Kalita Records proudly announces their first release, the three choice cuts from NST Cophie’s’ 1980 Ivory Coast disco LP ‘Mon’Da Center’!
Straight out of Abidjan, Ivory Coast, NST Cophie’s 1980 LP ‘Mon’Da Center’ is an album that has long been sought-after by diggers and DJs alike, looking to find those killer tracks that no one else knows or can get their hands on. Often reaching eye-watering prices, Ernest Koffi’s Ivorian disco cuts have long been out of reach for music lovers and rare groove collectors across the globe – until now!
Born in 1955 in Dimbokro, south-central Ivory Coast, NST Cophie’s (Ernest Koffi) grew up surrounded by music. Influenced both by his family – his grandmother and father were both musicians and his half-brother Alpha Blondy has himself had a successful musical career – and by American jazz musicians such as Chick Corea and Miles Davis, Ernest quickly realised that the only career he wanted was to be a musician himself. As he reminisces, ‘everyone was a musician. Music was in the blood’. It seems only natural therefore that he decided to start his first band with fellow Ivorian musician Desire Gadeau in 1968, followed by another outfit, ‘The Husband Mackers’ in 1970.
By the mid-decade, the bright lights of Paris were calling and in 1976 he moved to France to perform as part of Bozambo, a new jazz-rock band with Desire Gadeau, Augustinian Dahoué, Theophilus Mell, Maxim Yao, Dom Nanock and George Sissoko. Four years later, having played with other well-known bands such as N’Bamina, Osibisa, and with numerous artists including Jimmy Hyacinthe, Papa Wemba and Ernesto Djédjé, NST Cophie’s released his first solo album ‘Mon’Da Center’ in 1980. Recorded at Studio Caroline in Paris’s 20th sector over the space of one week, this rare self-funded private press album includes the three choice cuts that Kalita Records are proud to offer to the world once again.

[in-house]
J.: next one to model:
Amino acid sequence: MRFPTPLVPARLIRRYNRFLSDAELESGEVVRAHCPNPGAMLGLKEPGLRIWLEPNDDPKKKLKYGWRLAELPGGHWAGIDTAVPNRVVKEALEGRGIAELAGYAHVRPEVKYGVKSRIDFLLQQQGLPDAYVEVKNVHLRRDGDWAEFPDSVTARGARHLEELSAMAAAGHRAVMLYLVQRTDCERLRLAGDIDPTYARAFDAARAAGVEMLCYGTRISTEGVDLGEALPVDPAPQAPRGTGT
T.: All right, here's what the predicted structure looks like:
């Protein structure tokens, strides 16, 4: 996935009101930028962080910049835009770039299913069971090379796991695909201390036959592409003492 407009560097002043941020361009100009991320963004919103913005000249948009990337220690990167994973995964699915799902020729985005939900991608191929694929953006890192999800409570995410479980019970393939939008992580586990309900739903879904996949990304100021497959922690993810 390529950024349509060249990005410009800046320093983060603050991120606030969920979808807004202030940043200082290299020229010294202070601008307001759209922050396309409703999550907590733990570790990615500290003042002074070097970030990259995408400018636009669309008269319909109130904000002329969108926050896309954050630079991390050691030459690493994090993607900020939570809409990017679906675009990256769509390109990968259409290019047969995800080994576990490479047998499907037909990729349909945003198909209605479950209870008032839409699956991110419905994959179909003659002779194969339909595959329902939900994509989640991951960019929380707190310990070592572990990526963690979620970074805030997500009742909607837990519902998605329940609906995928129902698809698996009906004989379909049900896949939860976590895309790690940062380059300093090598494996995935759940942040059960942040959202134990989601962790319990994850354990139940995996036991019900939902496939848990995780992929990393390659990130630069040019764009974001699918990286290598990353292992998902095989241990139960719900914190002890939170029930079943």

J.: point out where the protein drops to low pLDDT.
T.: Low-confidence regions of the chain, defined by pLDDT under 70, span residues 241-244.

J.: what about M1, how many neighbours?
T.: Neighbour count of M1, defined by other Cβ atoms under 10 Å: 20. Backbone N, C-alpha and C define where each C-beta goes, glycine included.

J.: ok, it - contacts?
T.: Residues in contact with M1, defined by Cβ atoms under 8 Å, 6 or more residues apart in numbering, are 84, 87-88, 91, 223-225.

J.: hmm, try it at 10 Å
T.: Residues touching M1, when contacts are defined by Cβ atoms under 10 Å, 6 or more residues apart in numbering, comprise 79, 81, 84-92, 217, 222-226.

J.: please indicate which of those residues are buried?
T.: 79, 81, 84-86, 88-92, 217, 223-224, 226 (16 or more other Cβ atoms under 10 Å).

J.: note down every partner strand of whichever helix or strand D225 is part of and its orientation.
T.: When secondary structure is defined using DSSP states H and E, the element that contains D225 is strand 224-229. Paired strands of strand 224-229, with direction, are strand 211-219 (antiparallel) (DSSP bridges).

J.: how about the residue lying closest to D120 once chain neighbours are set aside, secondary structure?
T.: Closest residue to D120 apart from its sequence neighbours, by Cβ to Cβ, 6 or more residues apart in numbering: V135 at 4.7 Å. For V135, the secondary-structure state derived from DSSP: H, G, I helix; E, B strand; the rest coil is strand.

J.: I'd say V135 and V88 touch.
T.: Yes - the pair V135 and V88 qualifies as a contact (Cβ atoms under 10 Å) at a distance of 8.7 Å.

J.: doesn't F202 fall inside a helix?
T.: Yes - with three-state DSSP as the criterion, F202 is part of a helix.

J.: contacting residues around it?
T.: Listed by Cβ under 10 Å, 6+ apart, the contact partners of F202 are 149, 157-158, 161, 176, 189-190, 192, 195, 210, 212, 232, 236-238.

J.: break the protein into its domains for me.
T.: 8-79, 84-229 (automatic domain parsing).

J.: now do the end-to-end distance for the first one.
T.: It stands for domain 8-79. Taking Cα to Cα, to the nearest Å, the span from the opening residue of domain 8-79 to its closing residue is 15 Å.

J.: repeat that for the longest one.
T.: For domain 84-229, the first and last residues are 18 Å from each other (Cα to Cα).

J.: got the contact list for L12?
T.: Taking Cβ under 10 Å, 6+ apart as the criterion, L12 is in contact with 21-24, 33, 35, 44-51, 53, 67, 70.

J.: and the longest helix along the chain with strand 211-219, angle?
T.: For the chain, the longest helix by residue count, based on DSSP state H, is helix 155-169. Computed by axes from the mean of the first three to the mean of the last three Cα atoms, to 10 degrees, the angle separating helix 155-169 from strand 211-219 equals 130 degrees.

Pretty much unknown except to the most hardened of diggers, ‘Bian Kou’ is guaranteed to set any dance floor alight, with a hypnotic Afro-disco groove, killer drums by famed Ivorian drummer Paco Sery, and twinned with what could only be described as angelic female vocals by Génie Helo, Cathy Loba, Louise Nbapé, Marie Grande and Therese Brune. The song has one aim, which is to get people dancing. Singing in the Ivorian dialect of Baoulé, the song recounts a tale of the head of a family passing on instructions to his eldest son in the last moments before his death. Our second offering, ‘E Clôlo’, has a similar focus, with the female vocals and the trumpet of Maurice Elder both standing out in this infectious disco track and leading the audience into frenzy. The chorus calls on the audience to join them in travelling home to Africa, to be in harmony with their motherland and cultural essence. Last but not least, the seven-minute long ‘Mioukouna’ is a great example of what Ernest calls ‘Mr Zogoda dance’, a brilliant mix of Afro-funk and highlife, with the bassline of Emil Alibo providing the track’s undercarriage.
In sum, Ernest states that his mission is “to have my music in everyones’ minds because of the sacrifice that I made to provide the best quality. I just want to be recognized by those who want to share the emotion of life… My mission is to stay in my fans’ hearts and to connect with them the best I can through my music by expressing our life experience. My belief is that musical sensitivity brings reality through life.”